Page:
(ANIMAL TESTING/MONKEYS/ANIMAL RIGHTS) The University of Wisconsin has plans to conduct cruel and unethical forms of animal testing on newborn rhesus macaque monkeys. The animal testing is meant to provide doctors with further insight into the cognitive aspects of anxiety disorders.

Harry Harlow first isolated infant primates from their mothers in the 1960s. Photo credit: Change.org
Harry Harlow first isolated infant primates from their mothers in the 1960s. Photo credit: Change.org

The experiments, led by Dr. Ned Kalin, will involve drugging and restraining the newborn monkeys in order to remove them from their mothers. Once the monkeys are taken away from their mothers, doctors will place them into solitary confinement, and use torturous methods to evoke stress in the animals.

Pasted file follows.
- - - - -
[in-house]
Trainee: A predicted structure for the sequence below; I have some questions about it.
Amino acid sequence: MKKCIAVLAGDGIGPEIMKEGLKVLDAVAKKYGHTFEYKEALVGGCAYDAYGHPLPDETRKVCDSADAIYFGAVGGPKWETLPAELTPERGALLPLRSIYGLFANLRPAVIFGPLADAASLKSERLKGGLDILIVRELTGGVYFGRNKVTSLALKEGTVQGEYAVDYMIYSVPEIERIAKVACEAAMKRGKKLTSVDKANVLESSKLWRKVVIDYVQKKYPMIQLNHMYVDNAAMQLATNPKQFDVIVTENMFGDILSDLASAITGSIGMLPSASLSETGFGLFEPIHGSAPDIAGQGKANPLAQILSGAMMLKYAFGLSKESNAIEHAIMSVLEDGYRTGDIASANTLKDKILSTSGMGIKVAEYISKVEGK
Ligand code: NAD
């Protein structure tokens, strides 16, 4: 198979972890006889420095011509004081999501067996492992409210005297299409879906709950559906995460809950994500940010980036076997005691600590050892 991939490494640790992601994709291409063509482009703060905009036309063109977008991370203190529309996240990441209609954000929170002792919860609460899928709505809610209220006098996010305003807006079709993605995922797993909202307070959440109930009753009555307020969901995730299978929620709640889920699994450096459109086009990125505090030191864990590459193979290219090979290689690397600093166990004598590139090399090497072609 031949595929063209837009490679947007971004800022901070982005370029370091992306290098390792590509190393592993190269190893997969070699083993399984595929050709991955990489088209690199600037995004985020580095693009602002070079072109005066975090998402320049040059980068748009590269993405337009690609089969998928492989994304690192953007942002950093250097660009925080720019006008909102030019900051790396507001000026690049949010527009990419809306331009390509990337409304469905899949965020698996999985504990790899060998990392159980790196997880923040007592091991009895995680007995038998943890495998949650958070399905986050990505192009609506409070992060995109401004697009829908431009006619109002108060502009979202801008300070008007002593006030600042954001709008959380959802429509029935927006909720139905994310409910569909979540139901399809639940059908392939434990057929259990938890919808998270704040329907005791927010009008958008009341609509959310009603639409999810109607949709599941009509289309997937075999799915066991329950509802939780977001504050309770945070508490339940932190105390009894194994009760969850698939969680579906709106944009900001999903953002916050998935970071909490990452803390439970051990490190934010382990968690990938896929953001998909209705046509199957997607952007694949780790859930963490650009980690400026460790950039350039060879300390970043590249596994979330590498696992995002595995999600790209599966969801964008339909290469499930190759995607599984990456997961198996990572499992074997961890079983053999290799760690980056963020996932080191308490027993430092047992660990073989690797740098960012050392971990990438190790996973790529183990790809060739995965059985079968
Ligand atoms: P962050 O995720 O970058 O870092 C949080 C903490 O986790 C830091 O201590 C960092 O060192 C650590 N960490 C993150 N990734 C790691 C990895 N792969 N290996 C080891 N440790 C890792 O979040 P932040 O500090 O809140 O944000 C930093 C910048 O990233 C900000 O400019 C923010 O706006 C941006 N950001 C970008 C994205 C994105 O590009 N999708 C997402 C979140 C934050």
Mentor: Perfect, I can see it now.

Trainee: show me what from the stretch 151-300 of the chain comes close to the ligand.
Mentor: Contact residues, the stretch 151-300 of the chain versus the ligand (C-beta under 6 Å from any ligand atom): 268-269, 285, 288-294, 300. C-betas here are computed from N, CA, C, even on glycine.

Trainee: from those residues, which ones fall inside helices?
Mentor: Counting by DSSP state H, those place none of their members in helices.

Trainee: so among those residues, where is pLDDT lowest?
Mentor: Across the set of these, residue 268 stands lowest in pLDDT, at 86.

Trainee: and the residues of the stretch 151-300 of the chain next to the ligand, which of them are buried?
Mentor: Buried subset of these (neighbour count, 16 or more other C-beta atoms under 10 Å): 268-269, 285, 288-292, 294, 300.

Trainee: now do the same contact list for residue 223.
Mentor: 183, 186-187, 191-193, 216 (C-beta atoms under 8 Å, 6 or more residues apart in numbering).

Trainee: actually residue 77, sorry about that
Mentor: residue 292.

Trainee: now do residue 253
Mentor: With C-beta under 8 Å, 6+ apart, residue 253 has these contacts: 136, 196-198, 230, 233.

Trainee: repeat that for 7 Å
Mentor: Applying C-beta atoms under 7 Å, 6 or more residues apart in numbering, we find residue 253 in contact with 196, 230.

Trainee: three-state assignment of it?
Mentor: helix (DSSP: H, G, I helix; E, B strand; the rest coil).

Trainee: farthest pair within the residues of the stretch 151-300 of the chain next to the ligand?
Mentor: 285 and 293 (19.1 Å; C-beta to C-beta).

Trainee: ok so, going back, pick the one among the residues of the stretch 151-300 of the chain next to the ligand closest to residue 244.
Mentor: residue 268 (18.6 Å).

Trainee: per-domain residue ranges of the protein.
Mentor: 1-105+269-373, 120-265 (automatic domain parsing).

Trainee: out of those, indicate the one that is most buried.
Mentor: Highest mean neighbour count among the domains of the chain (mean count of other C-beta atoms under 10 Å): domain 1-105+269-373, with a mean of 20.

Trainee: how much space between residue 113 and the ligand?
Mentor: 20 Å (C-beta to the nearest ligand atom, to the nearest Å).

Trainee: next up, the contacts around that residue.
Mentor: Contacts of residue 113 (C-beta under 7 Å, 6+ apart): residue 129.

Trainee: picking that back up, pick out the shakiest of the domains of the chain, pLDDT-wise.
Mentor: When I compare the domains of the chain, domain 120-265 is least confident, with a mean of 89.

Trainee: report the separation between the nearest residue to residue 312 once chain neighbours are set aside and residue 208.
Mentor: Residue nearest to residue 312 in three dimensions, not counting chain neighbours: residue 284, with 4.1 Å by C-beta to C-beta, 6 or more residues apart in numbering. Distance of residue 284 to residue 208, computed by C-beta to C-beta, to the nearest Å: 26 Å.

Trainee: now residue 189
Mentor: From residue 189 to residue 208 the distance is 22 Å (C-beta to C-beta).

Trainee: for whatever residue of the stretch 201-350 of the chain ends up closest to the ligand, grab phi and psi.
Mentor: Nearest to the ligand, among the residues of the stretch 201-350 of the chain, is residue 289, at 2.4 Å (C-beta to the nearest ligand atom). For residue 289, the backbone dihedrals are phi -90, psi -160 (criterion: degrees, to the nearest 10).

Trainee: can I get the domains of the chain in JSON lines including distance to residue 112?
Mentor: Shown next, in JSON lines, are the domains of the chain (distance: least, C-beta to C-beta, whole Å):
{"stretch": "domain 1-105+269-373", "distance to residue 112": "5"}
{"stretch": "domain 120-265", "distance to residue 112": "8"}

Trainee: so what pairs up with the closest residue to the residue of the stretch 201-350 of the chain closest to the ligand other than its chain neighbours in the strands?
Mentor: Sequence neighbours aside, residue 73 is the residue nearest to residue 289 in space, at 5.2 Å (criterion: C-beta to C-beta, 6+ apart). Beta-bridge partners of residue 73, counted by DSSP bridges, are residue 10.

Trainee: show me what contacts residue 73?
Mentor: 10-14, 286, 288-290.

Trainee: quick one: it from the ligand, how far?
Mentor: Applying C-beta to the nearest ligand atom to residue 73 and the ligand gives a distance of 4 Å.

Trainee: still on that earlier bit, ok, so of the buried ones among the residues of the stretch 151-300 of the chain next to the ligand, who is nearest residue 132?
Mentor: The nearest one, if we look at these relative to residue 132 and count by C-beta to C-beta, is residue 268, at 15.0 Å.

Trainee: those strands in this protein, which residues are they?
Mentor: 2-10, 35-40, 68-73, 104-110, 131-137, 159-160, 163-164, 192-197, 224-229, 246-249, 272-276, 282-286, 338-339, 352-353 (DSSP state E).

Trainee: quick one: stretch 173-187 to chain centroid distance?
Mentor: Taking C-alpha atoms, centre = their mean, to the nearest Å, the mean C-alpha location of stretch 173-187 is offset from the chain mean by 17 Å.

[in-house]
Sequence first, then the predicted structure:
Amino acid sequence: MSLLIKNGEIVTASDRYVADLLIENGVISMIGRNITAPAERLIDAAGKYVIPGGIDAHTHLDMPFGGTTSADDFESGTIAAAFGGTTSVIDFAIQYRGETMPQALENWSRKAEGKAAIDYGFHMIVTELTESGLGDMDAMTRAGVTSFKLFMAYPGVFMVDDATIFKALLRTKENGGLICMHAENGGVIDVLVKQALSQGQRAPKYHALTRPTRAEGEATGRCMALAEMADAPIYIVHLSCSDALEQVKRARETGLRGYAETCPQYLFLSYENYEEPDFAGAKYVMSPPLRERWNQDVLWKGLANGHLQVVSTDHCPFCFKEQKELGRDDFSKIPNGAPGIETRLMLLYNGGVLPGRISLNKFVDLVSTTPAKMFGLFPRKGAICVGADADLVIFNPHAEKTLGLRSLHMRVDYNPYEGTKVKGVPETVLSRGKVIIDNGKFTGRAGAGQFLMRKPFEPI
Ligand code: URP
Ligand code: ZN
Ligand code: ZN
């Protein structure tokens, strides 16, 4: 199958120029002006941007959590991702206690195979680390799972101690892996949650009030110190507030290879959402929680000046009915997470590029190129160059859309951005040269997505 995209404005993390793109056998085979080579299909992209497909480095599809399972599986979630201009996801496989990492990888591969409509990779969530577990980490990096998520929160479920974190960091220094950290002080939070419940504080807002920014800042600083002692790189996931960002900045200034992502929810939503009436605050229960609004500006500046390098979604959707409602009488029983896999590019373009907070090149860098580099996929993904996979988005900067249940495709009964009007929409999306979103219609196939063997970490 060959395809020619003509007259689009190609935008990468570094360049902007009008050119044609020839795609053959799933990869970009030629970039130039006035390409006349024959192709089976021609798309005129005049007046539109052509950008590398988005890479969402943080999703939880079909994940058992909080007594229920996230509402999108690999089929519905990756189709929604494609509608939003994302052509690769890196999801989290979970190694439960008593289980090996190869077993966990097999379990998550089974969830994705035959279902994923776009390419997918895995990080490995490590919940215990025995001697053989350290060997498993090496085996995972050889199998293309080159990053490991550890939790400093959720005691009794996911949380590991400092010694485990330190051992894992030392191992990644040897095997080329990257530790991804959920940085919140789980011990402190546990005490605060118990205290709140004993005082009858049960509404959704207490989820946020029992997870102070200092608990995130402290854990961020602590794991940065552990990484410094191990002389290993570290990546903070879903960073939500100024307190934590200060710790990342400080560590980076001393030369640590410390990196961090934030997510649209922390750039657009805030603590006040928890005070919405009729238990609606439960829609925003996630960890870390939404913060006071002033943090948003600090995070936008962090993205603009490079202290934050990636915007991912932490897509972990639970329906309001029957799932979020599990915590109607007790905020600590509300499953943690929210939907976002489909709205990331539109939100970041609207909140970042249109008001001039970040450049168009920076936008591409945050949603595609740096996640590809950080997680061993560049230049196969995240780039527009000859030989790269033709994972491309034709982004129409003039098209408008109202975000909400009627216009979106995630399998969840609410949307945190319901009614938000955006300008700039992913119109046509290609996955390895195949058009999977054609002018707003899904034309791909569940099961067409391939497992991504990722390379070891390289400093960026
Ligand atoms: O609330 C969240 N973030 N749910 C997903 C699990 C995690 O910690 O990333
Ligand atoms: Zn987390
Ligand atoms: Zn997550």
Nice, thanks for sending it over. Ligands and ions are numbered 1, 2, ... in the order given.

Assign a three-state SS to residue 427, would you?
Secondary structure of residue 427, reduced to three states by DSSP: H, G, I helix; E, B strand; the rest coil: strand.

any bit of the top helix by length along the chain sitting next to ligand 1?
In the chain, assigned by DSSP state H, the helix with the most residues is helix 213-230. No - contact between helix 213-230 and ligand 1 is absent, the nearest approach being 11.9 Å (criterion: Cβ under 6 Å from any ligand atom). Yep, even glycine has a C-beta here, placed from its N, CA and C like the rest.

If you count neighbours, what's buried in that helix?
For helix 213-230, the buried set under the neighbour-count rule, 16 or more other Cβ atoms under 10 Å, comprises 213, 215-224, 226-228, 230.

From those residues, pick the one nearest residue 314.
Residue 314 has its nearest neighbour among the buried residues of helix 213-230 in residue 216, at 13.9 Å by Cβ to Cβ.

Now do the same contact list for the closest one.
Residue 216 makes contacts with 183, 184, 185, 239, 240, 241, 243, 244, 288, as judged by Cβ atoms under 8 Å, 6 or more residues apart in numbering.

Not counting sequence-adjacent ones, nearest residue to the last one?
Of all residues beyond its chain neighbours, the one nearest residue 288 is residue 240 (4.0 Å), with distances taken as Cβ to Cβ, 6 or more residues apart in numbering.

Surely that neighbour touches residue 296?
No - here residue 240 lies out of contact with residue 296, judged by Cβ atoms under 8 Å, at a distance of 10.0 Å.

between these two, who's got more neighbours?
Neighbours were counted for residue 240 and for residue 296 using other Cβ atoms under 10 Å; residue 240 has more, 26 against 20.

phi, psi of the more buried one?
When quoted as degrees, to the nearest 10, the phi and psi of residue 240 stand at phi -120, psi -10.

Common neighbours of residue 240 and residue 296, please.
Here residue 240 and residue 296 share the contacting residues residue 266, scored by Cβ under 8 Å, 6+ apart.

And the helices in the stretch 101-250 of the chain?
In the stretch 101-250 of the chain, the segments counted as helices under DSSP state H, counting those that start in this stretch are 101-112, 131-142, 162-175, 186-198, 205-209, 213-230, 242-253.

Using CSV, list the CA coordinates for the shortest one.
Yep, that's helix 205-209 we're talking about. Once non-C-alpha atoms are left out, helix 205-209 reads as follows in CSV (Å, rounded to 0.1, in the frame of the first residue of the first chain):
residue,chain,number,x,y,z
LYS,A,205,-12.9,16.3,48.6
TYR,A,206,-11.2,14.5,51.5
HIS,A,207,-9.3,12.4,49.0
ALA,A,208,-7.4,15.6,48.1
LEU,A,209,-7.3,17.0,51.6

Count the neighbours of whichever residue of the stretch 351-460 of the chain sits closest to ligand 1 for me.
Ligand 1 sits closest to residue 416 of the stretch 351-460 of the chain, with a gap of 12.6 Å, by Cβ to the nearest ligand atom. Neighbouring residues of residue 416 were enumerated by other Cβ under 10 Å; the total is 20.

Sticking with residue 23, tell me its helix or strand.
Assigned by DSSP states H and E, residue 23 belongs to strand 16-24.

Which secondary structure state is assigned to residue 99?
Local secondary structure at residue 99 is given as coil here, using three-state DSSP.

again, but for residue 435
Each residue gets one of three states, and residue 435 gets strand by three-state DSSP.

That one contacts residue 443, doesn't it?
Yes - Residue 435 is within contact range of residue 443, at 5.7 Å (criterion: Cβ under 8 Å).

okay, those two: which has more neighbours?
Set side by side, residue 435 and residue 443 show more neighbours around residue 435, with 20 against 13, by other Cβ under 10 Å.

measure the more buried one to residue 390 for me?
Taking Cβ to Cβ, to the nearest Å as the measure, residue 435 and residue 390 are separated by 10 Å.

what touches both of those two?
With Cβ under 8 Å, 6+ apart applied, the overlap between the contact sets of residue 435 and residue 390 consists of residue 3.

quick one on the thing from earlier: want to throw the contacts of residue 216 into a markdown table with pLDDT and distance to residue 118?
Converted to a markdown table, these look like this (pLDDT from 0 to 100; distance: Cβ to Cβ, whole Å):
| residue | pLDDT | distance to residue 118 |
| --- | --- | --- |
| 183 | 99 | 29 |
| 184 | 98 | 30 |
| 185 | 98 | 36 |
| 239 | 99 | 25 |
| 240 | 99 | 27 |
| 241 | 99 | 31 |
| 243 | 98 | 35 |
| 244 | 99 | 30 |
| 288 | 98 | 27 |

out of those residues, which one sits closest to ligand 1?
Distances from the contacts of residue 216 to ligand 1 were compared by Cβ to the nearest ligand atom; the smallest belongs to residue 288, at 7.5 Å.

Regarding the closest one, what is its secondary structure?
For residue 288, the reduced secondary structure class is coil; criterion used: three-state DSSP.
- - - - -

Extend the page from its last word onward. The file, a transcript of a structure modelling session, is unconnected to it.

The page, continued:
Some forms of torture will include exposing the baby monkeys to stress-inducing factors such as live snakes, painful biopsies, and traumatic brain scans. The primates are never given the chance to live happily as doctors plan on killing them before the age of two.

Maternal deprivation studies are not new to science, and previous experiments have shown that this type of work leaves monkeys highly distressed and depressed. Some monkeys used in animal testing resort to self-mutilation and tend to go into shock.

There is evidence that someone behind these experiments intentionally left out committee members who were opposed to testing the monkeys. Photo credit: Wisconsinwatch.org
There is evidence that someone behind these experiments intentionally left out committee members who were opposed to testing the monkeys. Photo credit: Wisconsinwatch.org

Since much more humane methods of testing for cognitive anxiety disorders exist, there is simply no need to resort to torturing innocent and helpless animals.

A petition to help save the macaque monkeys has already reached over 300,000 signatures. Join the fight against cruel animal testing!

TAKE ACTION: Click here to help end the unethical testing of newborn rhesus macaque monkeys by signing the petition. 

— Rebecca Hartt, exclusive to Global Animal

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